After class one day, I had stopped by the office of the man who had introduced me to Fitzgerald’s novel, back when I was a student. I told him that I had spoken highly of him that day in class, and I thanked him for inspiring me to pursue a degree in English.

Taken aback, he could only apologize. “There’s no money in the language arts.”

Lecturing on Gatsby, scribbling with a faded magic marker on a whiteboard in a cold bare room, I prodded my students to come up with their own interpretations of the text, and when that failed, I gave them my own reading, which, were I not a precariously-employed adjunct in a small town in a deep red state, I would have been able to properly label as “Marxist.” Without invoking this verboten name, I spoke of the glittering, gilded, hollow lie that is the American dream, where the hoarded wealth of a dynasty compounds into perpetuity while the sudden stolen fortune of an upstart outlier evaporates in one summer’s vain attempt to reify the Alger myth. And absent the media proxy wars waged by “left” and “right,” absent the vapid, vaguely warmed-over Cold War propaganda, absent the dubious claims of class mobility that I, as a teacher in an open-door community college system that markets itself to students as an unequivocally sound investment in the future… well, if I were bolder, I would have merely said, “Ecce homo.” We were all adults; we all knew the score.

I wasn’t the only high school dropout in the room who had looked to a college education as a means to a fulfilling, comfortable life. And I doubt that I was the only one currently on food stamps, either. A small class meant that I came to know each student intimately, for even when I was evasive about my personal life, they were explicit about theirs: I heard their stories of drug addiction and miscarriages and privation, and I went home to a fiancée I could not afford to marry and a child I could not afford to adopt and a home I could not afford to own, and the world of Gatsby seemed at once so close that I could smell the manicured lawns of West Egg and as distant as Daisy’s haunting green light across the water. And though, like Gatsby, my dream seemed so close that I “could hardly fail to grasp it,” I had realized my folly: no pushing, no straining, no striving would transmute the leaden weight of five adjunct courses into the golden halo of a full-time appointment. I had borne the load for years in the misguided sense that I was sacrificing my present at the altar of the future, all the while woefully unaware of how little value my labor held to those who saw me only as a tantalizingly small number on a balance sheet.

Maybe I’m wrong. Maybe Gatsby is a relic, of no use in this technocratic, neoliberal age. Maybe the attempts to rebrand the humanities as “digital” are only a desperate attempt to stave off the obsolescence of our discipline. Maybe the very idea of a liberal arts education, an education designed to broaden, rather than narrow, one’s horizons, is quaint, childish, and, that most grave sin of all in a society obsessed with an ever-escalating GDP, “not worth the money.” As the corporate model of commodifying people into living capital grows increasingly ascendant, we find ourselves locked in an economic arms race, students borrowing vaster and vaster sums of money to compete for fewer and fewer decent jobs, and those among us who might shed some light on these structural inequalities are all too often only to be found huddled in hushed obeisance in the shadow of the ivory tower, learned monks with obligatory vows of poverty, begging bowls extended.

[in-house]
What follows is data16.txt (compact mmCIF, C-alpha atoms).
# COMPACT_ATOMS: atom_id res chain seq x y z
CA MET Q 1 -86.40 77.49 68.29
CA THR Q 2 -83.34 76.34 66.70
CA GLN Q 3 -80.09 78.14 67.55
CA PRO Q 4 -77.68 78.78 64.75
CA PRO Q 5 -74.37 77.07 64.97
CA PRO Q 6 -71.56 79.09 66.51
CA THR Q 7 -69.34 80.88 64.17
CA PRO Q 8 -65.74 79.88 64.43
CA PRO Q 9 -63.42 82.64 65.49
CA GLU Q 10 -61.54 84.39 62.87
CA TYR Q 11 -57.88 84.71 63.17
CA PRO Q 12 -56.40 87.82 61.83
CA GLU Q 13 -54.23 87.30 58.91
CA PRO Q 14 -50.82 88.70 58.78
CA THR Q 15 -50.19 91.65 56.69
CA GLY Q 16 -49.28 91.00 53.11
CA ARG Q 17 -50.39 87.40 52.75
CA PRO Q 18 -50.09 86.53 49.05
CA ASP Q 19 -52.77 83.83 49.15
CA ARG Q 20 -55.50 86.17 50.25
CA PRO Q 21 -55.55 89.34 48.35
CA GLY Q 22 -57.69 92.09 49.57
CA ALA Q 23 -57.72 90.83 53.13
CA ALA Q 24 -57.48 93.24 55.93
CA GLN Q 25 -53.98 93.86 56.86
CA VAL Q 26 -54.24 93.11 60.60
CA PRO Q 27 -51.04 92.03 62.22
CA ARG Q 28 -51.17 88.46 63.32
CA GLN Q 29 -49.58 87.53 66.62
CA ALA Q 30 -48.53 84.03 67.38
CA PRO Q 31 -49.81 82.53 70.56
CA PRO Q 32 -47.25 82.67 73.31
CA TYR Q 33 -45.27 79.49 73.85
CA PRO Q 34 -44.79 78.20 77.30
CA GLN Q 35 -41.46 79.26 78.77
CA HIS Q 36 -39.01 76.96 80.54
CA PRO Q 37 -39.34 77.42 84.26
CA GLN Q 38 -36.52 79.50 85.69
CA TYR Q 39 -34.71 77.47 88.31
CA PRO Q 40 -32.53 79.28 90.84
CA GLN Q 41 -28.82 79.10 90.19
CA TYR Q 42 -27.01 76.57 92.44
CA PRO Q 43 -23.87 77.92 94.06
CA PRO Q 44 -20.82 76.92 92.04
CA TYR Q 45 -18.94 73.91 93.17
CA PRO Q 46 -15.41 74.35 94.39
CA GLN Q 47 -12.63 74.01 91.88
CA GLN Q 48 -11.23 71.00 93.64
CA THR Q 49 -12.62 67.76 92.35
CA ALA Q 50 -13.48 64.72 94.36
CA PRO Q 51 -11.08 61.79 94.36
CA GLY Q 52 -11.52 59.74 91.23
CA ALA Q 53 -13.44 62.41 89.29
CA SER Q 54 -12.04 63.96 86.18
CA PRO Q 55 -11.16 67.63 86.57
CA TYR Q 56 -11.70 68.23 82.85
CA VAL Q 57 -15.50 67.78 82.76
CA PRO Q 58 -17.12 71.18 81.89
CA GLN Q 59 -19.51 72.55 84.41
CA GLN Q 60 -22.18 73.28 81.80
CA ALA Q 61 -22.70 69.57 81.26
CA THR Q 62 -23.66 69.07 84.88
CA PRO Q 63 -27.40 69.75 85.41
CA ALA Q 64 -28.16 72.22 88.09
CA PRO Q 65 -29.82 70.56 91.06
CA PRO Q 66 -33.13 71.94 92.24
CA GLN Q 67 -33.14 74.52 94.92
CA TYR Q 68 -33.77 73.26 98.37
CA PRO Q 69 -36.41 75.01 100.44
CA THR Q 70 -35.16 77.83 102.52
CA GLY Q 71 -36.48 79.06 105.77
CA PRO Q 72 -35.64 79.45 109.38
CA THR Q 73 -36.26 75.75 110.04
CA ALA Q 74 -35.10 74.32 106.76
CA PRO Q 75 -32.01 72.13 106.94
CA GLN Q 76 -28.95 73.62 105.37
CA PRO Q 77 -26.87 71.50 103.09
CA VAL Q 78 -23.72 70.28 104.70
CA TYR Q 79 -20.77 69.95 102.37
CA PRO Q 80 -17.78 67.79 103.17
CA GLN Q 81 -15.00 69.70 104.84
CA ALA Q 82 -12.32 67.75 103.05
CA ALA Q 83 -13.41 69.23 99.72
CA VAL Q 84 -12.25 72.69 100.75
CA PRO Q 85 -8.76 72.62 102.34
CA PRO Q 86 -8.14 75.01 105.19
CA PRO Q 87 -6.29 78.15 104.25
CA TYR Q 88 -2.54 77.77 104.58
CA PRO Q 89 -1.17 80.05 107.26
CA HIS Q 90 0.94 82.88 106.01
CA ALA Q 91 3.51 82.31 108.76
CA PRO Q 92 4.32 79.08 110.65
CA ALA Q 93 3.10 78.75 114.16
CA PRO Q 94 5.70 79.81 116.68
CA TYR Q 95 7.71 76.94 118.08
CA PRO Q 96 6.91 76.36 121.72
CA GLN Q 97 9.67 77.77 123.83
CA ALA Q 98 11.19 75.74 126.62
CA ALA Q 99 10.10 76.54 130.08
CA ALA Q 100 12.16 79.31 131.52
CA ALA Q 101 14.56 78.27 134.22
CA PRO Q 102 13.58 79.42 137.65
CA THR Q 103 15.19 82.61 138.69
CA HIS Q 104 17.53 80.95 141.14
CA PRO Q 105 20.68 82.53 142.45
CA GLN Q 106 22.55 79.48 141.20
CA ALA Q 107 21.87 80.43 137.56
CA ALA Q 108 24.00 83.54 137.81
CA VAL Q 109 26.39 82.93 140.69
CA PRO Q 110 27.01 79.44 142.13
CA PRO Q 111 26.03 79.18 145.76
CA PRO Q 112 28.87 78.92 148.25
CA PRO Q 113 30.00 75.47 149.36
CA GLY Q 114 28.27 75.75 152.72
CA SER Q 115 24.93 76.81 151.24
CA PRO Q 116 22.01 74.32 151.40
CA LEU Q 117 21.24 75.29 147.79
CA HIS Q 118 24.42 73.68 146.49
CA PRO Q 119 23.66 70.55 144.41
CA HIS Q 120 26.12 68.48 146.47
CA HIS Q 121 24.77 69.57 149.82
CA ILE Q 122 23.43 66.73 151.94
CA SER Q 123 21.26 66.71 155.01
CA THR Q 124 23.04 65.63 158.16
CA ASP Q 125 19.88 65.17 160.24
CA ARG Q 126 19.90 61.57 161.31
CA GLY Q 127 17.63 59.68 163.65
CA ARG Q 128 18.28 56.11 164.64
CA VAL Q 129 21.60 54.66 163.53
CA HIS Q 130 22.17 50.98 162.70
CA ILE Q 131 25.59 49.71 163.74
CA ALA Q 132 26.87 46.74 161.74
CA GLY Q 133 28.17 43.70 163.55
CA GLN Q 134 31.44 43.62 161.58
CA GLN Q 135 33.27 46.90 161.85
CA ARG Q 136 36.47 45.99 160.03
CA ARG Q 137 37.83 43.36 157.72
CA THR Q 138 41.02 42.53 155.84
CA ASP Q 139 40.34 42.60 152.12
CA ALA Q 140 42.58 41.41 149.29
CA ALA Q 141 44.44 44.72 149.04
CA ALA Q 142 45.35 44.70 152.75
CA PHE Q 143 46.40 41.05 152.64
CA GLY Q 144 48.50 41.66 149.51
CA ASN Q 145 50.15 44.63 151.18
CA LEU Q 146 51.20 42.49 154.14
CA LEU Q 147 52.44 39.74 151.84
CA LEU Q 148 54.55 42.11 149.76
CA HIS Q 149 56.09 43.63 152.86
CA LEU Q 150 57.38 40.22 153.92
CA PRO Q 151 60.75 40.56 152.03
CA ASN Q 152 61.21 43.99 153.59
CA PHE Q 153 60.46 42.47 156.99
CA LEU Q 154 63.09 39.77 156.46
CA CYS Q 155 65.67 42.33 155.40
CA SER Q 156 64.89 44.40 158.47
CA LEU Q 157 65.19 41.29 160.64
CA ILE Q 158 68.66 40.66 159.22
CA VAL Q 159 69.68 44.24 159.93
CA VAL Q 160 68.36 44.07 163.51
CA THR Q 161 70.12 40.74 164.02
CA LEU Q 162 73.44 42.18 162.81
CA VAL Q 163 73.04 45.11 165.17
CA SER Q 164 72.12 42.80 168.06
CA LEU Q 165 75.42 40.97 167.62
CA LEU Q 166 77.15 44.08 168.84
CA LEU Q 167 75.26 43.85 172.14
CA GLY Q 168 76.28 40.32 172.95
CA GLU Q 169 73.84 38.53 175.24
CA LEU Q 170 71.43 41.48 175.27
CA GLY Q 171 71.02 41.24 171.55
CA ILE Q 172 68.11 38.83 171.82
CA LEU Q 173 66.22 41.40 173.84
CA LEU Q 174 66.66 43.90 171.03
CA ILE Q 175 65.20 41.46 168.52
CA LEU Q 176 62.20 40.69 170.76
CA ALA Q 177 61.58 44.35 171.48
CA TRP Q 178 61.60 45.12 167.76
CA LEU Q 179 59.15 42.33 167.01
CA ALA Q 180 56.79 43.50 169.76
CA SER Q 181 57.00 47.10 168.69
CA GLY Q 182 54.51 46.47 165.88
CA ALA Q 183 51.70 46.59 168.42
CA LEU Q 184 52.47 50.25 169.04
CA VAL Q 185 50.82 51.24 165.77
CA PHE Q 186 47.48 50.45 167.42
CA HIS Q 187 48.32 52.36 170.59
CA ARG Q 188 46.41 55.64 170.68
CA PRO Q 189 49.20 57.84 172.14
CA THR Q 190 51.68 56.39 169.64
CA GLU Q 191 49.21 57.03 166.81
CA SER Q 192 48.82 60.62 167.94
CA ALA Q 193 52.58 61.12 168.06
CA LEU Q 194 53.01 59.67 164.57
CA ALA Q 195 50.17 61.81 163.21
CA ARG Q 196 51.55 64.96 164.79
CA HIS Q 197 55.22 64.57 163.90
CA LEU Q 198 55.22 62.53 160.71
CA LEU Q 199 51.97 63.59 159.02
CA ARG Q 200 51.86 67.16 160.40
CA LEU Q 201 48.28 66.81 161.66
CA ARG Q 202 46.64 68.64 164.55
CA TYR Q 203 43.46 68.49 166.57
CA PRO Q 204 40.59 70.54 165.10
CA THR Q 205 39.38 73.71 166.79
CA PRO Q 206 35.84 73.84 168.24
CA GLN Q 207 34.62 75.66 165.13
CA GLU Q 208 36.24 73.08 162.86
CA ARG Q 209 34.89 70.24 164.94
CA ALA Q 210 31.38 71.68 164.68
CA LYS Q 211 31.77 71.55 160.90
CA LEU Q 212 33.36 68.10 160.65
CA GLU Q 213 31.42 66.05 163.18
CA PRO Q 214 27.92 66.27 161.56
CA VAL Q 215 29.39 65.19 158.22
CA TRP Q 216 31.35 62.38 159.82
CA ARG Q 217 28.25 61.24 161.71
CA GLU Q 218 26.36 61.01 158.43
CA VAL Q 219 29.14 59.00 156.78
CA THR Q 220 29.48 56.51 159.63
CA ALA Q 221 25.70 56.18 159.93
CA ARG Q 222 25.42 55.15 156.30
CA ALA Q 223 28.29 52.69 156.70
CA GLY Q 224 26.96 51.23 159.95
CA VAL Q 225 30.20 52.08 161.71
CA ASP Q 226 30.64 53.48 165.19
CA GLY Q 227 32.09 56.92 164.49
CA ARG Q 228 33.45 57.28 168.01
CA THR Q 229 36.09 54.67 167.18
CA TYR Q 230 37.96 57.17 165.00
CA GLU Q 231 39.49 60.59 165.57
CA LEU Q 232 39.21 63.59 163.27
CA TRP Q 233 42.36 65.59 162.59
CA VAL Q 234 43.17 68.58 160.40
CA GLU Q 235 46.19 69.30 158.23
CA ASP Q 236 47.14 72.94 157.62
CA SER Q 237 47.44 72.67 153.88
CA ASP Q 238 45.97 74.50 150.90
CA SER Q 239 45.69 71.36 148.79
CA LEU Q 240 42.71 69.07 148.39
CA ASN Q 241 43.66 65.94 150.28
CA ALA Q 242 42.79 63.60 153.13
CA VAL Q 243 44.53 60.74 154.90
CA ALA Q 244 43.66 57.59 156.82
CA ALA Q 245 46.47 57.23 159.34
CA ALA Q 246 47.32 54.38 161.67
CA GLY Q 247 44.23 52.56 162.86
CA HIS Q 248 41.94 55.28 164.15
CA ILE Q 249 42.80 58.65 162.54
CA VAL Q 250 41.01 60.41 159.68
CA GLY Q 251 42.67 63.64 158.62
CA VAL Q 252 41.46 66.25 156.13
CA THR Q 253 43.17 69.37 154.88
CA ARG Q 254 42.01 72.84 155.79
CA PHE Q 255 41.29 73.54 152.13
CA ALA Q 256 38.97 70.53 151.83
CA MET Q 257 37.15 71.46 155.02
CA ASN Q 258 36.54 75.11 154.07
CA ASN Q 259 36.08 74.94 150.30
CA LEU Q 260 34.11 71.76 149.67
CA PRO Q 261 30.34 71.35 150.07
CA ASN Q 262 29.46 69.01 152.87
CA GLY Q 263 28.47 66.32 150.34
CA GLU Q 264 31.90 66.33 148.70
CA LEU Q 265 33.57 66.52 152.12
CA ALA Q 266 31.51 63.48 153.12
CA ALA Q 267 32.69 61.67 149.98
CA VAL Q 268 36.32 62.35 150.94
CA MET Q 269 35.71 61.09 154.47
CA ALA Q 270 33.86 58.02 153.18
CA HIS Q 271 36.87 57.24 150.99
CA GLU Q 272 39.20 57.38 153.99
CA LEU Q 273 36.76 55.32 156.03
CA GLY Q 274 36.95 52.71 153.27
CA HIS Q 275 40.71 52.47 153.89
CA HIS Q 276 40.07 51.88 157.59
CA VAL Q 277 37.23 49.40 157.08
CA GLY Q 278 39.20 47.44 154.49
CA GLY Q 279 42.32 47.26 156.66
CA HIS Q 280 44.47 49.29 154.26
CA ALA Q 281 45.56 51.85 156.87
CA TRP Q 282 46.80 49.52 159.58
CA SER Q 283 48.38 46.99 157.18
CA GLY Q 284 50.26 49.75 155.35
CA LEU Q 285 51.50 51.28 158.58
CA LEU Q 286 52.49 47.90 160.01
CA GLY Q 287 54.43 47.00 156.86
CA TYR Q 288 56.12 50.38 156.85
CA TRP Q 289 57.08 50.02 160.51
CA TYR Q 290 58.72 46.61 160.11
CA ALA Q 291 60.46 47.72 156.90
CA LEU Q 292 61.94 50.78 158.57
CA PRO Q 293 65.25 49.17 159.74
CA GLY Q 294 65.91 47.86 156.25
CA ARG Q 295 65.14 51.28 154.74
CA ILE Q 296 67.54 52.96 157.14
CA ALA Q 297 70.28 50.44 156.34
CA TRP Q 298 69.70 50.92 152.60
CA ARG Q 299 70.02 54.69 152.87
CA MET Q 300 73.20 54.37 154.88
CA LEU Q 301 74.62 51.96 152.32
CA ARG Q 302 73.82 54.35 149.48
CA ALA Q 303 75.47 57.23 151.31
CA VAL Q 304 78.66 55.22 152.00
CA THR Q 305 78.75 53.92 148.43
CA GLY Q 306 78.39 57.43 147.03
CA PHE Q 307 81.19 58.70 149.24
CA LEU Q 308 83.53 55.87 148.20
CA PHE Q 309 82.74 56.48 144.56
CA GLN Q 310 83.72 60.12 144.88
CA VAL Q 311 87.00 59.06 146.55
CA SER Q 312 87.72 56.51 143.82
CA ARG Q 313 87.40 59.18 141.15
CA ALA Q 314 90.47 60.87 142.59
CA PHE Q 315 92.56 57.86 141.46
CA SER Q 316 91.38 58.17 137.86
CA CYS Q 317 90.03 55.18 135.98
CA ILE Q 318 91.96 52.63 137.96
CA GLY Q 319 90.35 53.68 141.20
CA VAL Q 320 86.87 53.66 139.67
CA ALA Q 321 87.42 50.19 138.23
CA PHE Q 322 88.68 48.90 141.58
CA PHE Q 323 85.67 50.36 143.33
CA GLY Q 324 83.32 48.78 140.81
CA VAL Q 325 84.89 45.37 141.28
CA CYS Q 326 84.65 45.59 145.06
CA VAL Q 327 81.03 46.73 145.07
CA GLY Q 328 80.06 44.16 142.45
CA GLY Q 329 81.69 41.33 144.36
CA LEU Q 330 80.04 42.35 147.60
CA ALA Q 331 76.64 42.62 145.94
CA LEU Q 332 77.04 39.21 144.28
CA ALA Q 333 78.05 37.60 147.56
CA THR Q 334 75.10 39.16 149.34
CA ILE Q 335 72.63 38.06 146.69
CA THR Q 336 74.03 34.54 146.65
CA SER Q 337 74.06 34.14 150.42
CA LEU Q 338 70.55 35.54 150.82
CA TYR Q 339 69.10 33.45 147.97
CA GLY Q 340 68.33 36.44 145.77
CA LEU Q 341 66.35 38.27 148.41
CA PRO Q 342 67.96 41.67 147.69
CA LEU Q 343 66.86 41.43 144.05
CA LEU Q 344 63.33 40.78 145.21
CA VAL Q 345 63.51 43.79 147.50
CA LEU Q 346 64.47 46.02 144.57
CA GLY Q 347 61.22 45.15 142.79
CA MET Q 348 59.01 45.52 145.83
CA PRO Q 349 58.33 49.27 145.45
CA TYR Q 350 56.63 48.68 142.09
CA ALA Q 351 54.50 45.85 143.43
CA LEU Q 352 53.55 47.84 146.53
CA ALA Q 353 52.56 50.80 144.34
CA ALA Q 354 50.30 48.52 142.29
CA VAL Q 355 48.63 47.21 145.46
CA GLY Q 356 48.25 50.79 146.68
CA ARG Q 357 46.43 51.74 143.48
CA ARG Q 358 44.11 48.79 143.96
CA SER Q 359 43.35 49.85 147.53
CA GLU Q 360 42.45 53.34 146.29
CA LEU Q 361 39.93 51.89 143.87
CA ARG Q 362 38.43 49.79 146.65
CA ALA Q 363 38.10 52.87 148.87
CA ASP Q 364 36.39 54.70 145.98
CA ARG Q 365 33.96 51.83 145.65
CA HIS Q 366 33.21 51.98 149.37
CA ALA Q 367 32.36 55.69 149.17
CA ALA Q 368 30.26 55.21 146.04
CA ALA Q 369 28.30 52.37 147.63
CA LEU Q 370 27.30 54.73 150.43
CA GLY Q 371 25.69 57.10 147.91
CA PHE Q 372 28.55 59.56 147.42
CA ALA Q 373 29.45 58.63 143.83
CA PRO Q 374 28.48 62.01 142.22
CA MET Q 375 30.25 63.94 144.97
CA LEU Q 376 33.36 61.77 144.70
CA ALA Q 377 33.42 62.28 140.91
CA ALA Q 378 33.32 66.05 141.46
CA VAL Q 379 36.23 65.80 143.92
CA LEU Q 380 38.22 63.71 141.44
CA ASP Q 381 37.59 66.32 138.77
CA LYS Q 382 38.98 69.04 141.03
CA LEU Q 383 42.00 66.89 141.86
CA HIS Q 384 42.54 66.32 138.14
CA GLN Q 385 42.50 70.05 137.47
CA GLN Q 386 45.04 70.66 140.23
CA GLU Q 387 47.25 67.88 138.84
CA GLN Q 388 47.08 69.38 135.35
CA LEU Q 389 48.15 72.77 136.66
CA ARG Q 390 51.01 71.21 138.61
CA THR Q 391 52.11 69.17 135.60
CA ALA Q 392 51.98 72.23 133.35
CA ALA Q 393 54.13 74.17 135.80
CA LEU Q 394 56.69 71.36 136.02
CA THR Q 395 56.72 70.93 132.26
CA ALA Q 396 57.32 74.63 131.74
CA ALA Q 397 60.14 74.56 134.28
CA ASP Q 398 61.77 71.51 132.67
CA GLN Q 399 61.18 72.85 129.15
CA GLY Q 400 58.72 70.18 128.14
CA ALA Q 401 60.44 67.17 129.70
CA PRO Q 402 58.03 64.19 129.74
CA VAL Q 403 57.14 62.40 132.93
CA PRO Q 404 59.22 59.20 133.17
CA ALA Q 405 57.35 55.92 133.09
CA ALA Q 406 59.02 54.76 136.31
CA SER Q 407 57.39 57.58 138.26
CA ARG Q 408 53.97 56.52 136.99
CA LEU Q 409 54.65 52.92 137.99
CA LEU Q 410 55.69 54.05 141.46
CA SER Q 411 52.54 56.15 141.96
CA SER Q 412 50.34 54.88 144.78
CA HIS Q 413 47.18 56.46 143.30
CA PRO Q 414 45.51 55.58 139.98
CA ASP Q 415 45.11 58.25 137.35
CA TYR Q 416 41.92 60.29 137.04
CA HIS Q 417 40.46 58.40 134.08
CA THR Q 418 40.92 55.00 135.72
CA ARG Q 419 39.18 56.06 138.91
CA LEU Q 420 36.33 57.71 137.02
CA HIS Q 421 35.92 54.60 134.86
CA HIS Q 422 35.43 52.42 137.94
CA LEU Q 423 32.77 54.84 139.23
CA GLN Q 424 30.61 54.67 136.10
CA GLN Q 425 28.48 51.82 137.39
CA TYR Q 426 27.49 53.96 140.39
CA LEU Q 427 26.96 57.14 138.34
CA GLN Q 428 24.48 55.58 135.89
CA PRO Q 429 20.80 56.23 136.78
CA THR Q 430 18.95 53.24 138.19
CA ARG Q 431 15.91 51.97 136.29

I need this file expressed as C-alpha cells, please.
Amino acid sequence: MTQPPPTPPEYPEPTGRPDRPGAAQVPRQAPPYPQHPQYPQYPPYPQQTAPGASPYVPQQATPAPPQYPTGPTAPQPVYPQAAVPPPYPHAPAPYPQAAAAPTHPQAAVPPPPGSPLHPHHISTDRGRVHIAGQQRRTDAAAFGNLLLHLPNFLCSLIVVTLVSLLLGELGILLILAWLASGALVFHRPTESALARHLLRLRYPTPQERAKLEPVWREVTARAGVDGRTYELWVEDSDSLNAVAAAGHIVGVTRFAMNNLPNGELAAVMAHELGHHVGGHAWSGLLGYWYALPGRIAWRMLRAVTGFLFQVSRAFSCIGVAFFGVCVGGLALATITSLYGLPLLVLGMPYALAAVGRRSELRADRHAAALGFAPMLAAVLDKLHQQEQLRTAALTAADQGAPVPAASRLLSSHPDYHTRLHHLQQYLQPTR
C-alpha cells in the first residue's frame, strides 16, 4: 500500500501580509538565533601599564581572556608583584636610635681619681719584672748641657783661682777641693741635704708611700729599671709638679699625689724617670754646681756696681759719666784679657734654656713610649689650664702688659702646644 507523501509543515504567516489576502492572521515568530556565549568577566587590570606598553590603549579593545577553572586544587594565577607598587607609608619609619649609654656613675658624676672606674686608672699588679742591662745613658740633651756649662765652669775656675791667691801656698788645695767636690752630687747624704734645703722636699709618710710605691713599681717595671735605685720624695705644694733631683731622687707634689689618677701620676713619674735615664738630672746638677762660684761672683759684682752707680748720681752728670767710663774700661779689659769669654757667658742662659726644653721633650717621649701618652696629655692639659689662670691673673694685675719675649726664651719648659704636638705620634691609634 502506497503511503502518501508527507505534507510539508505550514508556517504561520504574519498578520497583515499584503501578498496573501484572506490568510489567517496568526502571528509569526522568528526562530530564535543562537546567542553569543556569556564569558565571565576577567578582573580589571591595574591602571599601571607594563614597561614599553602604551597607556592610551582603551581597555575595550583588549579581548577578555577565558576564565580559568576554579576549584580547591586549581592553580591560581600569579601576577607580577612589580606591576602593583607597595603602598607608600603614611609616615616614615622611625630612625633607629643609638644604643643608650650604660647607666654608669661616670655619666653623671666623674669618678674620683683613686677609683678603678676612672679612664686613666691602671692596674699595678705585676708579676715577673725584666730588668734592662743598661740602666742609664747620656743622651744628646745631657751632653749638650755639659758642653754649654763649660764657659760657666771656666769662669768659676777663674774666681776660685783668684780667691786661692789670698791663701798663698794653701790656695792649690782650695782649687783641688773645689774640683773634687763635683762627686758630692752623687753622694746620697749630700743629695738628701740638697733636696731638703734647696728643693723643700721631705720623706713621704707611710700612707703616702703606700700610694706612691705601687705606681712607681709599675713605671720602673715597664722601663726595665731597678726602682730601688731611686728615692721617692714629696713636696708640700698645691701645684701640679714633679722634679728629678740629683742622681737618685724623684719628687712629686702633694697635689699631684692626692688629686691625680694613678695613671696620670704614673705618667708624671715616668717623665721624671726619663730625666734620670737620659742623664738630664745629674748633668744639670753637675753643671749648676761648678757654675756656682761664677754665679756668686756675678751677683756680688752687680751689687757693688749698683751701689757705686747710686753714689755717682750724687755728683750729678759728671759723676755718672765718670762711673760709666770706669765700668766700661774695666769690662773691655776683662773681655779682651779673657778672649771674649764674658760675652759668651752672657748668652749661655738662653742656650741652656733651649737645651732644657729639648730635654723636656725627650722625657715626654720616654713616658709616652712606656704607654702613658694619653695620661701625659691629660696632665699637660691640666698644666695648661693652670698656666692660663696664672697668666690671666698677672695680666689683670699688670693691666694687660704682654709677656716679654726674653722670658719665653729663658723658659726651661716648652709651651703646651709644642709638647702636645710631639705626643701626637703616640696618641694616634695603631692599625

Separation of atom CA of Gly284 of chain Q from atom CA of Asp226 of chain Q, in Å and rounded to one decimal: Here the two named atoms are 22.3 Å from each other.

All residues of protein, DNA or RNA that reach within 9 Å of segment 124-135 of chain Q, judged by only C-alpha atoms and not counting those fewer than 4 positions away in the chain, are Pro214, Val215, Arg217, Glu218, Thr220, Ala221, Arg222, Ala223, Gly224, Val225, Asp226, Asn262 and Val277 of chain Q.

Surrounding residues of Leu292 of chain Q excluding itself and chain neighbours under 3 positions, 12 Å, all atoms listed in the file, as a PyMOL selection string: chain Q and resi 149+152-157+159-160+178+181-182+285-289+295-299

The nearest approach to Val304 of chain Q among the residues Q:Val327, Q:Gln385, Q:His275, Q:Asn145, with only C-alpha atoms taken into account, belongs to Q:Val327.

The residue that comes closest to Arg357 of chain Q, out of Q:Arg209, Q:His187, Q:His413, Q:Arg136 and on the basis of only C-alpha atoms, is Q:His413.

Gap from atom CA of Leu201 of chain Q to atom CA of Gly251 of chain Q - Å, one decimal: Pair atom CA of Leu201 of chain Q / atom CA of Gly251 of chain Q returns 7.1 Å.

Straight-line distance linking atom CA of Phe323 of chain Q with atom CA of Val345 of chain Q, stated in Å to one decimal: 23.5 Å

Unlike Gatsby, I never aspired to wealth, and I knew that, as a teacher, I would not attain it. I will admit to being shocked by my slow slide into poverty, though, and the callous disregard that the institution that I worked for held for my well-being. On an individual level, I had administrators, faculty, and staff who clearly sympathized with my plight, refusing to dock my pay on my rare absences from class, pointedly mentioning that I wasn’t being paid for work that I had been contracted to do, and writing glowing letters of recommendation whenever I applied to a full-time position, but the system itself was rigged against me, as it is rigged against all adjuncts.

If a tenured professor could be compared to an old house, increasing in equity year by year, an adjunct is more like a new car, losing value with every mile a school puts on us, as we race from one campus to another. The longer one remains an adjunct, the less likely it is that one will ever make the leap to full-time status as a faculty member, because in higher education, experience is taken not as a measure of one’s skill as a teacher but only as an indication of how little one is willing to work for.

For a time, I bought into the Hegelian master-slave dynamic of higher education, the notion that my time was not worth that of my tenured “betters,” which is a thought process that I suppose was easy for someone like me, a small town guy from an almost entirely non-academic family background, to fall into. However, if we view teaching as a service provided to students – and the customer service model is increasingly being applied in higher education – then what sense does it make for students to pay the same price for a class whether it is led by a fairly-compensated full-time professor or an abysmally underpaid adjunct? Hiring adjuncts saves colleges money, but the savings are not passed on to students, whose grotesquely inflated tuition is spent instead on lavishly-compensated administrators, student athlete-exploiting sports programs, and gorgeous amenities that will look good on college brochures: in short, everything but the faculty who form the core of a vibrant college education.